Children with additional needs should not be set additional targets. See here for more on that.
Implementation and Review
It should go without saying that for the plan to have any chance of helping it needs to be implemented, but I have recently heard stories that make it clear it does need to be stated. Putting a plan in an office drawer will not lead to a child’s need being met, no matter how well it is written.
The helpfulness of the interventions in reducing barriers to learning must be reviewed at times agreed by the school and the parents, however, school staff should meet with the parents at least three times a year:
“6.65 Where a pupil is receiving SEN support, schools should talk to parents regularly to set clear outcomes and review progress towards them, discuss the activities and support that will help achieve them, and identify the responsibilities of the parent, the pupil and the school. Schools should meet parents at least three times each year.”
So what are the points that we are missing, referred to in the title? I believe these are:
- that it is all about ‘barriers to learning’, that a shift in thinking towards understanding these and bridging the gaps, whilst supporting development, where appropriate, should be normal practice by now;
- that every child with SEN will have barriers to learning, so;
- every child with SEN should have a plan of SEN support.
- that if all children with SEN had a plan that was effective then the numbers of children developing AVOIDABLE BARRIERS TO LEARNING would be reduced.
- AVOIDABLE BARRIERS TO LEARNING come about when a child’s needs are unknown and unmet in school and therefore are allowed to escalate and become entrenched.
- many readers will know that the failure to recognise and meet Peter’s needs led to him needing a long admission to an inpatient psychiatric unit at just 9 years old:
“In just ten months Peter went from a boy who attended mainstream school unsupported, costing the taxpayer nothing in additional school resource, to being so broken by his school experiences he needed to be admitted to a psychiatric unit at just 9 years old. As a result, he is unlikely to ever return to mainstream education again and needs support costing in excess of £100k per year”.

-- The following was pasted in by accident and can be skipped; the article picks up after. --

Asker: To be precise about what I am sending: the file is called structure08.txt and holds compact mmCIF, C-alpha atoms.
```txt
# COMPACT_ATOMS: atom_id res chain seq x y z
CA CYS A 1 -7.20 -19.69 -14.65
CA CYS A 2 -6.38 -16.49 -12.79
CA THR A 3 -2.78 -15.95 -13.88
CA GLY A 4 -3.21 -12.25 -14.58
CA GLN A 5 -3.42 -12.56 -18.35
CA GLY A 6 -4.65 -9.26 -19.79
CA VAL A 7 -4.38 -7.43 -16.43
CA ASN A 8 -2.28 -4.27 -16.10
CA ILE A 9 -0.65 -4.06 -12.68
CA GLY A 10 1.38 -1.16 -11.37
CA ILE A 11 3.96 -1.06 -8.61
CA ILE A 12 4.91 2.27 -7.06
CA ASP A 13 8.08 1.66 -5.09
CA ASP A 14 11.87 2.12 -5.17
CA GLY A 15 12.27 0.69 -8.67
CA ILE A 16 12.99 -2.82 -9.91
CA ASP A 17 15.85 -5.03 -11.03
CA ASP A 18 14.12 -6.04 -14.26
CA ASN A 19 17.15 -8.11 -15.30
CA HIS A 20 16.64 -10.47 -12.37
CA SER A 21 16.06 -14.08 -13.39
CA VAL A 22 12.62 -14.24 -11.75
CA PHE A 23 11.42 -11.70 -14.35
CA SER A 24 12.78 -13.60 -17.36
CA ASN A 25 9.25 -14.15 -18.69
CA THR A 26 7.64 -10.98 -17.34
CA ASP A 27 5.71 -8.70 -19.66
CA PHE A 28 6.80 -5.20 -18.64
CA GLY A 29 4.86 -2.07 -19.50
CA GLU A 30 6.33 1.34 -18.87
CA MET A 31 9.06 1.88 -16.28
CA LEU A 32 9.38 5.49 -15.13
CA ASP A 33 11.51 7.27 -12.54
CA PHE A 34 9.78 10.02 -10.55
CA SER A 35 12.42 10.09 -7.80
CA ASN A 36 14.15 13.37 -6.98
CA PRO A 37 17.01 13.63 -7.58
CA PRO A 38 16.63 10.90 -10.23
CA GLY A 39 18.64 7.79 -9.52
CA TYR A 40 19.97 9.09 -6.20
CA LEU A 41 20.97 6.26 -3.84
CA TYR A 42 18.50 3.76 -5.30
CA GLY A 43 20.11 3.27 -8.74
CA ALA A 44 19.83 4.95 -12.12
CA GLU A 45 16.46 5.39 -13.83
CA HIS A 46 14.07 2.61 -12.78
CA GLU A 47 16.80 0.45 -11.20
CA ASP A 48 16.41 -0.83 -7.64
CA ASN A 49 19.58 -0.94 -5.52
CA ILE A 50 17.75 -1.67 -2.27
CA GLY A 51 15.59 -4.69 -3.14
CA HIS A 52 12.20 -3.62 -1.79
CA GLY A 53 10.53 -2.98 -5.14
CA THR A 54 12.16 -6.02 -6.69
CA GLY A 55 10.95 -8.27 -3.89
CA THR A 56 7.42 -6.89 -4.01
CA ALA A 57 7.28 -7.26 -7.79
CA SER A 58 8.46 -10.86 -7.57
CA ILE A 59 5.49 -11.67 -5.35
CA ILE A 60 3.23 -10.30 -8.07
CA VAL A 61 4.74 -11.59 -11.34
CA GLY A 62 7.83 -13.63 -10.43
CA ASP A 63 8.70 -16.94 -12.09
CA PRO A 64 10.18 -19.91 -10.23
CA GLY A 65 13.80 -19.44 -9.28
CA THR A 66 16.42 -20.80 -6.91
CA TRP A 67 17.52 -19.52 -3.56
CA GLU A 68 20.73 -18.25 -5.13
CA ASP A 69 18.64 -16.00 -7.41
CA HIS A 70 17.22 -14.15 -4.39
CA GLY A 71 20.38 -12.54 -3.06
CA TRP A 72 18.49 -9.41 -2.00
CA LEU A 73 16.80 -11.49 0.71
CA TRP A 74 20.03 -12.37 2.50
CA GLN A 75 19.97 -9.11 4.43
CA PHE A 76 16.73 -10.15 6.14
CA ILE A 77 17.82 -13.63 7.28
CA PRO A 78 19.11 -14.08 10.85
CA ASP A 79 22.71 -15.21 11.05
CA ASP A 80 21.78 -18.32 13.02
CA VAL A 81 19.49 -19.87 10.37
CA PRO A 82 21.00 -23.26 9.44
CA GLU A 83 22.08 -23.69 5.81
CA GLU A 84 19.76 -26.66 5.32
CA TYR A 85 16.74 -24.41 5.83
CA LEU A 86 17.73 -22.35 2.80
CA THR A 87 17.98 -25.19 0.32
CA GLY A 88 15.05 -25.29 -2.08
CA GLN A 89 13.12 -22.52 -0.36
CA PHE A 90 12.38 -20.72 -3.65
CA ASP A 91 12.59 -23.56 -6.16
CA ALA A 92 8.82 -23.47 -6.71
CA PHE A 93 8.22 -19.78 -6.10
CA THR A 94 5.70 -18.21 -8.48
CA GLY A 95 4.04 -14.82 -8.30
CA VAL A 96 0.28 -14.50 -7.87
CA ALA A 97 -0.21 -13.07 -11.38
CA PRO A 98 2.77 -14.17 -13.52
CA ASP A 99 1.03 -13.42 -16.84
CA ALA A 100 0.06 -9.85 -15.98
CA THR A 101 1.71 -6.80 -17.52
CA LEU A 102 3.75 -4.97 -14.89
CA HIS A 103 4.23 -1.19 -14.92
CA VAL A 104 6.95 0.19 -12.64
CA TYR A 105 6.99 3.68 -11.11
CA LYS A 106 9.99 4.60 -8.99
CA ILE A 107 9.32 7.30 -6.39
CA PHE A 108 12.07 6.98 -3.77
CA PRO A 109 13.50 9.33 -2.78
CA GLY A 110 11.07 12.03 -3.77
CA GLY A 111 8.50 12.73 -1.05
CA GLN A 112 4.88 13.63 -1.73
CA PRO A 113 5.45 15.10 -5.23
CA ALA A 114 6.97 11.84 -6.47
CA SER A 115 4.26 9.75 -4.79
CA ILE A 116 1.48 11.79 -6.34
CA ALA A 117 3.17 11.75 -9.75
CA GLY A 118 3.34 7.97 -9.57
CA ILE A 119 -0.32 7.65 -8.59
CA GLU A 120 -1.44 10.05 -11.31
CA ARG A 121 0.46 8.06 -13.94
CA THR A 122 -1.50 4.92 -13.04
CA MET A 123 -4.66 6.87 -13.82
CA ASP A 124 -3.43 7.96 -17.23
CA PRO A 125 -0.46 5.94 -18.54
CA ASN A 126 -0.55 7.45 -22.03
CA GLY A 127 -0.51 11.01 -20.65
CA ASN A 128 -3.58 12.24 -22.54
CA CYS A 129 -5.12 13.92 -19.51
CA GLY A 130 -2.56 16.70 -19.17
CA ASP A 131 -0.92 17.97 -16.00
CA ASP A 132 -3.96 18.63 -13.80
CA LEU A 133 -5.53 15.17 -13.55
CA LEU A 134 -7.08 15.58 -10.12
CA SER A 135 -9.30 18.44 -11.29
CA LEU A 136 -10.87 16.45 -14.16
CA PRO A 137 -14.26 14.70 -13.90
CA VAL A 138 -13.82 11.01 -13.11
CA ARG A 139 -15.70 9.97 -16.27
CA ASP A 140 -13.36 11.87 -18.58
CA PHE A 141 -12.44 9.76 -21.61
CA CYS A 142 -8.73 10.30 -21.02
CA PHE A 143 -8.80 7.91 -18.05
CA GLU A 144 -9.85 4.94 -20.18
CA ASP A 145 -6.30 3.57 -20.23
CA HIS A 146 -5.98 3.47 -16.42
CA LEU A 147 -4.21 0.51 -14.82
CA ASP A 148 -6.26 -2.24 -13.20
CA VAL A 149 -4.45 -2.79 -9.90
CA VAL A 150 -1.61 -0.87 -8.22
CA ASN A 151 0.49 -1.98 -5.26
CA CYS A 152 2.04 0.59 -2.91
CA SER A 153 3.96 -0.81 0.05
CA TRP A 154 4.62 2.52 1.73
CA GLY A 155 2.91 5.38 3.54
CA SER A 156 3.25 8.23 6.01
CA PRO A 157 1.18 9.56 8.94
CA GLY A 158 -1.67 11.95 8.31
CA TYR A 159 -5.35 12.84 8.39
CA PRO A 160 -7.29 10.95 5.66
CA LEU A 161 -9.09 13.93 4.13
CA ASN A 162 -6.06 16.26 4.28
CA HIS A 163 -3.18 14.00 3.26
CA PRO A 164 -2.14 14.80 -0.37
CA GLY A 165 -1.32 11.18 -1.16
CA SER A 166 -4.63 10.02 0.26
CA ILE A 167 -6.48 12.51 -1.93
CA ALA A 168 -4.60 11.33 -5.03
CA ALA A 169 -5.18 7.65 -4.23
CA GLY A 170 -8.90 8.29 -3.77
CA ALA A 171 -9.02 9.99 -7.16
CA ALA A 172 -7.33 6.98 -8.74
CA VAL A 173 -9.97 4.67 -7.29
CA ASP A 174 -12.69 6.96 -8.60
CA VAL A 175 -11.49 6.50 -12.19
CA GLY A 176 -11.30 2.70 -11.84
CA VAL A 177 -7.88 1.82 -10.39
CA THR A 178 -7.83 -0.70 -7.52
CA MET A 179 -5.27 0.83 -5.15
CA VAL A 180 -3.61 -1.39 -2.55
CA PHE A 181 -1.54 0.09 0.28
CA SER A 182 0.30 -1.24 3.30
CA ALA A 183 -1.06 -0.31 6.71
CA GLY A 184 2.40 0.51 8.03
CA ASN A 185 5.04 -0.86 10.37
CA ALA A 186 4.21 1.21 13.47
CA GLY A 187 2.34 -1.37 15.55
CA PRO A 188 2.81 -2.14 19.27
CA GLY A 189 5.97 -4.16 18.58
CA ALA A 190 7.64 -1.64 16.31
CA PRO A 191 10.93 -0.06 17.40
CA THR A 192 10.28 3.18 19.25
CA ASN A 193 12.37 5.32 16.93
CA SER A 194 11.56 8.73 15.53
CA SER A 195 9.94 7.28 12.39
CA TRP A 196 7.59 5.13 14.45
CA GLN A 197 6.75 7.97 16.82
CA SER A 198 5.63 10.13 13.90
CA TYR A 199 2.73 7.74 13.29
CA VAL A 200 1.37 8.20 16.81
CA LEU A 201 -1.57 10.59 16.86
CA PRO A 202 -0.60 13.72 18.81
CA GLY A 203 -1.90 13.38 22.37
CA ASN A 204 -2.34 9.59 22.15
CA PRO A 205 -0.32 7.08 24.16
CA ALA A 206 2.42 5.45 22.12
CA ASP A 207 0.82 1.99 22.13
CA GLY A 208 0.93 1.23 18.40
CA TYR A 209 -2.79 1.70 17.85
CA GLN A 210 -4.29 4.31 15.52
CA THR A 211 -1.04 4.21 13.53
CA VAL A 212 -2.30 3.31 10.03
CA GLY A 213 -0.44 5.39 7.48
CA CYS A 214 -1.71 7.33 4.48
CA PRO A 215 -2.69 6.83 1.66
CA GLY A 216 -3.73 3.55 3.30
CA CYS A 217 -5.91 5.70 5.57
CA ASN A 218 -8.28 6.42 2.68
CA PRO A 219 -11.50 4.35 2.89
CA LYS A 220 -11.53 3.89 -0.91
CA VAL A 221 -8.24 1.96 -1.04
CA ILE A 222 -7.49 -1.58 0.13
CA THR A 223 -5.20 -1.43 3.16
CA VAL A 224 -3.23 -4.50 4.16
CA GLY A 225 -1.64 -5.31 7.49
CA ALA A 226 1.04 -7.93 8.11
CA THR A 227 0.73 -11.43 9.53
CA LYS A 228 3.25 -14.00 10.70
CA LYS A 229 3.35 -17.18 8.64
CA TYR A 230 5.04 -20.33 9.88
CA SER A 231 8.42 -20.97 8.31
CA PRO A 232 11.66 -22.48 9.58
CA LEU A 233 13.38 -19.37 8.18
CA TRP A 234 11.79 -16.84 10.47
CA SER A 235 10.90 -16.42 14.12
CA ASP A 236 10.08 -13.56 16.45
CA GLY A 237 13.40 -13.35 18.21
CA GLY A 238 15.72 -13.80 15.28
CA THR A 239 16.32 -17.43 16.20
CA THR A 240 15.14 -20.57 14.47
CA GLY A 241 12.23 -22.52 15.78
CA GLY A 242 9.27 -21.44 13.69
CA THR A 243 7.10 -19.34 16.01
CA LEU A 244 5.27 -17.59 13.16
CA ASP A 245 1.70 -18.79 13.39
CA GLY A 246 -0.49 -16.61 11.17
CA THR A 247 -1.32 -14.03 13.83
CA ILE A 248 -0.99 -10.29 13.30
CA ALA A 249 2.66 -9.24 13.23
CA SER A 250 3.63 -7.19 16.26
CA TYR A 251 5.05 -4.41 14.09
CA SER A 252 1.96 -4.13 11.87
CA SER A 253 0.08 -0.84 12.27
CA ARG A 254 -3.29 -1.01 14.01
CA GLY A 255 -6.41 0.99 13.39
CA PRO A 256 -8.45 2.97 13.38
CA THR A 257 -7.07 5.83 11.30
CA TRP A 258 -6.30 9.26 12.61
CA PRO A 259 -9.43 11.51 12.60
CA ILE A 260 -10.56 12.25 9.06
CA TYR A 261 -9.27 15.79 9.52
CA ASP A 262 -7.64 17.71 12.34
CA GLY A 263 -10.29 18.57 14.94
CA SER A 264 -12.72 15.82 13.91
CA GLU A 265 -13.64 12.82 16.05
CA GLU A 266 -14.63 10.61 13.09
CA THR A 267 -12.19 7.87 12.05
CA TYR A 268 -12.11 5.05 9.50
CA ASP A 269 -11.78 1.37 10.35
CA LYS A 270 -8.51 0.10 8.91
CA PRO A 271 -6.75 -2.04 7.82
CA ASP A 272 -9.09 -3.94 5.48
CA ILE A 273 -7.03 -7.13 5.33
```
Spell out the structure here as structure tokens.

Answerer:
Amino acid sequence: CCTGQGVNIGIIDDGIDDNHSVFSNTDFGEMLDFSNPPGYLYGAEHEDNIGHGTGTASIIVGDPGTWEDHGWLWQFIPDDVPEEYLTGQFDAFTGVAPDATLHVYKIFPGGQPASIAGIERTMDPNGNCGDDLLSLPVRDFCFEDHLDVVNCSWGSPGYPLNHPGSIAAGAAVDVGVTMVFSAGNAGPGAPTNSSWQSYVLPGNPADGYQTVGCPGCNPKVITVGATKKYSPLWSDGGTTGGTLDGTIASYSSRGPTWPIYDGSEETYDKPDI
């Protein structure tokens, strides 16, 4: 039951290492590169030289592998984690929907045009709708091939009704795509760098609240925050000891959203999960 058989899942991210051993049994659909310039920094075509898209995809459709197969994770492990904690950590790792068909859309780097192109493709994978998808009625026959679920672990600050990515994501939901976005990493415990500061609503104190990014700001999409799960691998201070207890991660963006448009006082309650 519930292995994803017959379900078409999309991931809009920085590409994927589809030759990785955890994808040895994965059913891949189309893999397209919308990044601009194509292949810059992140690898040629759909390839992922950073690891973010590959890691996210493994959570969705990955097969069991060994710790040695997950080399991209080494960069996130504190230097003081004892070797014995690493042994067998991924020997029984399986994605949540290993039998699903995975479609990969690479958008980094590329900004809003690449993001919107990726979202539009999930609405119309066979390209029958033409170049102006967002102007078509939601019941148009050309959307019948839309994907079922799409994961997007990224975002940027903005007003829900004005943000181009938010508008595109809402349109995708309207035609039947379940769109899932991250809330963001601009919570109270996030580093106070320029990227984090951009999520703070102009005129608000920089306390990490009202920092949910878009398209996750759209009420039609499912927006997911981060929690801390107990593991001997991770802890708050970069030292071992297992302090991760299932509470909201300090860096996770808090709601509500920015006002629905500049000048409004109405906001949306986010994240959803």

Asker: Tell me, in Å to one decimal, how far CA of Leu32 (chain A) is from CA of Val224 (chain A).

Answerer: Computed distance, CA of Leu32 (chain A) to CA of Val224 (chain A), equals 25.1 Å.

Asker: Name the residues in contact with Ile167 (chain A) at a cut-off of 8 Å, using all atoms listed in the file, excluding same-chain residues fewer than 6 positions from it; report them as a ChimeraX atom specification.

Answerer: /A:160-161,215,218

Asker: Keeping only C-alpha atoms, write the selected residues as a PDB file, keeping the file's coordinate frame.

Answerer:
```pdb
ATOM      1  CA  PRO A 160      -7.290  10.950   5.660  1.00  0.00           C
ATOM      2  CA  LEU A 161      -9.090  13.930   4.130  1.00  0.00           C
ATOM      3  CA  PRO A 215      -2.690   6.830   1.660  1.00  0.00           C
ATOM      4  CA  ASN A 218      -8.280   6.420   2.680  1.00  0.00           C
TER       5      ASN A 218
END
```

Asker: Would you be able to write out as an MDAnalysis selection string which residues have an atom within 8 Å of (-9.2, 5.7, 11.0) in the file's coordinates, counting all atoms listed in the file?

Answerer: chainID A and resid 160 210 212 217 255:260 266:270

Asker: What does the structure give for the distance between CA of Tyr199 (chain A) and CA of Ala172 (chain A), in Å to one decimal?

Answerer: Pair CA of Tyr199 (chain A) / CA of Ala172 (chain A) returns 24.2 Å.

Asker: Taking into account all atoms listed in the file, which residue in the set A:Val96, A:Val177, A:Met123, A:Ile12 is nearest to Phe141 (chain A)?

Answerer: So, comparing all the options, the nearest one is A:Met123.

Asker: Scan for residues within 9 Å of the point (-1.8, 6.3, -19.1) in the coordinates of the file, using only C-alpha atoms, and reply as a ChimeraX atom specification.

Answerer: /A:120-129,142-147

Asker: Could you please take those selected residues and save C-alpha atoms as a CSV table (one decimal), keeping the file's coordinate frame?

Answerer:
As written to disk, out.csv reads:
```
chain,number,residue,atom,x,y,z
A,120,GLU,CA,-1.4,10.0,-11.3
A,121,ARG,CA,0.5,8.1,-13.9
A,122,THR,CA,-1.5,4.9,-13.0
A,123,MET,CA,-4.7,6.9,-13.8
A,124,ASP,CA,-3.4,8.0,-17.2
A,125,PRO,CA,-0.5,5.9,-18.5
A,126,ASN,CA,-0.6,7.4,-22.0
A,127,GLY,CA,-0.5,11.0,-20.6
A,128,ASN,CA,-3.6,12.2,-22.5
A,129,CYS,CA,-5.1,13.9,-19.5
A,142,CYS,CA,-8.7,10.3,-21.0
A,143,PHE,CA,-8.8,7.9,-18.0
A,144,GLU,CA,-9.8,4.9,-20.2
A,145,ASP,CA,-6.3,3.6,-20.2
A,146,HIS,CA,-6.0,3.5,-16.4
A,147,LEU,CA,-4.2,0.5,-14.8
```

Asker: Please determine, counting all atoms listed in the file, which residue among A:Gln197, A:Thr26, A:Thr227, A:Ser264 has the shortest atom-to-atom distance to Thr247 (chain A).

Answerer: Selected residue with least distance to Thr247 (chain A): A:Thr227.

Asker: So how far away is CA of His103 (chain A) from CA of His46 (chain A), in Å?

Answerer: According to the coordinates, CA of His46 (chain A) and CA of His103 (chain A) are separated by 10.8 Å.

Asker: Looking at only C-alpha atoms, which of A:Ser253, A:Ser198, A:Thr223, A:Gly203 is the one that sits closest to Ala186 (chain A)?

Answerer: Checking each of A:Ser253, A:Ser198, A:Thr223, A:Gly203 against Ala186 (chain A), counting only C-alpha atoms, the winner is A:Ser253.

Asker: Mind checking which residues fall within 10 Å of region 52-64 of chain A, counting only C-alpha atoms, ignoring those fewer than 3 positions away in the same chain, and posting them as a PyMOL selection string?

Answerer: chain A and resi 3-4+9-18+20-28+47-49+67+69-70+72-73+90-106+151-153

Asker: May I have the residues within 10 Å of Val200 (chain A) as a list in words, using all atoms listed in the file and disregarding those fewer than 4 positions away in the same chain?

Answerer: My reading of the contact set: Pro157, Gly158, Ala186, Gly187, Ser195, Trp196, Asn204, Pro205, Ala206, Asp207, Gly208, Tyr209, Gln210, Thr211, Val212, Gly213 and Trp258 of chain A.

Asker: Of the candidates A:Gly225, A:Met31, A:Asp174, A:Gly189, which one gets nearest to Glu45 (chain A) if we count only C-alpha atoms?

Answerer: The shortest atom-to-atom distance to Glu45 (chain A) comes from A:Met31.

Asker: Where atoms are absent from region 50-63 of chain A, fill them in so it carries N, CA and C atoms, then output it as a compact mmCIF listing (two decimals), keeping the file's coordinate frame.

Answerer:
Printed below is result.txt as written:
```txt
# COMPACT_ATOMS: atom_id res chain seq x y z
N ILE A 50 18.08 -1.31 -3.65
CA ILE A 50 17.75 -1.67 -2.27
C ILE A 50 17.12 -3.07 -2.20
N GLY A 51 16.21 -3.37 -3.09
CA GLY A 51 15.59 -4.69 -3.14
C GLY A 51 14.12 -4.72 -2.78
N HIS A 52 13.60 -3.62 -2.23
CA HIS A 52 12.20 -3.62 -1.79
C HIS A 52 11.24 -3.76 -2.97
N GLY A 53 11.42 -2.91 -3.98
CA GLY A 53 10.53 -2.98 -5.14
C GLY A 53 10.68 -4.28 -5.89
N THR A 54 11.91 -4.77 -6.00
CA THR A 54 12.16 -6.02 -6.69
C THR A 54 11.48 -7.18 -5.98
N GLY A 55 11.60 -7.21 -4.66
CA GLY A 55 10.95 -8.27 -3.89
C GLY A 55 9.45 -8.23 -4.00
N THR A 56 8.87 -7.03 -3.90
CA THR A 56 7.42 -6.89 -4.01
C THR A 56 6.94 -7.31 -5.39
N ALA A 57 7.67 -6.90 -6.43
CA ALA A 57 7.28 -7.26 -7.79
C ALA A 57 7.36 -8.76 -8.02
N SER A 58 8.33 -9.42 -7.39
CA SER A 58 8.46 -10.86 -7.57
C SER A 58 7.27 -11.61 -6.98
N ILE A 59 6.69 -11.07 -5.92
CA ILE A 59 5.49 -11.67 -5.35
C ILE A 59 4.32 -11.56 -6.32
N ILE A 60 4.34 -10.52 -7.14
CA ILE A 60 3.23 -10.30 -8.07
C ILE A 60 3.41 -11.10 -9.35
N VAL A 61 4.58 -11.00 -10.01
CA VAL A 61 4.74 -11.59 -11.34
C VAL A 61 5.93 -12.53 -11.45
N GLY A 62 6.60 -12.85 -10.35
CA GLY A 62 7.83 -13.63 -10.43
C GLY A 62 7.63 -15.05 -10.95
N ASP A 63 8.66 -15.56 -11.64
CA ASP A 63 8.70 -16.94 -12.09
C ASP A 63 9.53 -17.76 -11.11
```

Some things to consider:
- Make a list of your child’s barriers to learning for yourself.
- Draw a timetable with your child and go through it with them asking them to talk about each bit in their own way – I did this with an 11 yo last term and it revealed loads of ways that free adaptions could make his day more tolerable.
- Expect to have a written plan that is developed with the full involvement of you.
- Expect that it will be reviewed at least three times a year.
- Expect that out-of-date school documentation possibly won’t lend itself to this approach and prepare to think about how you will talk about that(!).
- Don’t expect the teacher to know chapter 6 of the SEN COP as well as you do – it is hard enough getting the day job done without reading up on SEN policy.
- Don’t be afraid to ask for an early review of the barriers to learning if more crop up and need thinking about or if the support that is in place isn’t having the desired impact.
A different way of thinking
I nearly called this post ‘A Different Way Of Thinking’. I honestly think that this chapter in the SEN COP lends itself to dramatically improving the way that children are supported in school. That if it was wholeheartedly embraced within the spirit in which it is intended, within the context of the culture laid out by the whole policy, then without a single penny of extra funding the lives of many children and their family would be improved.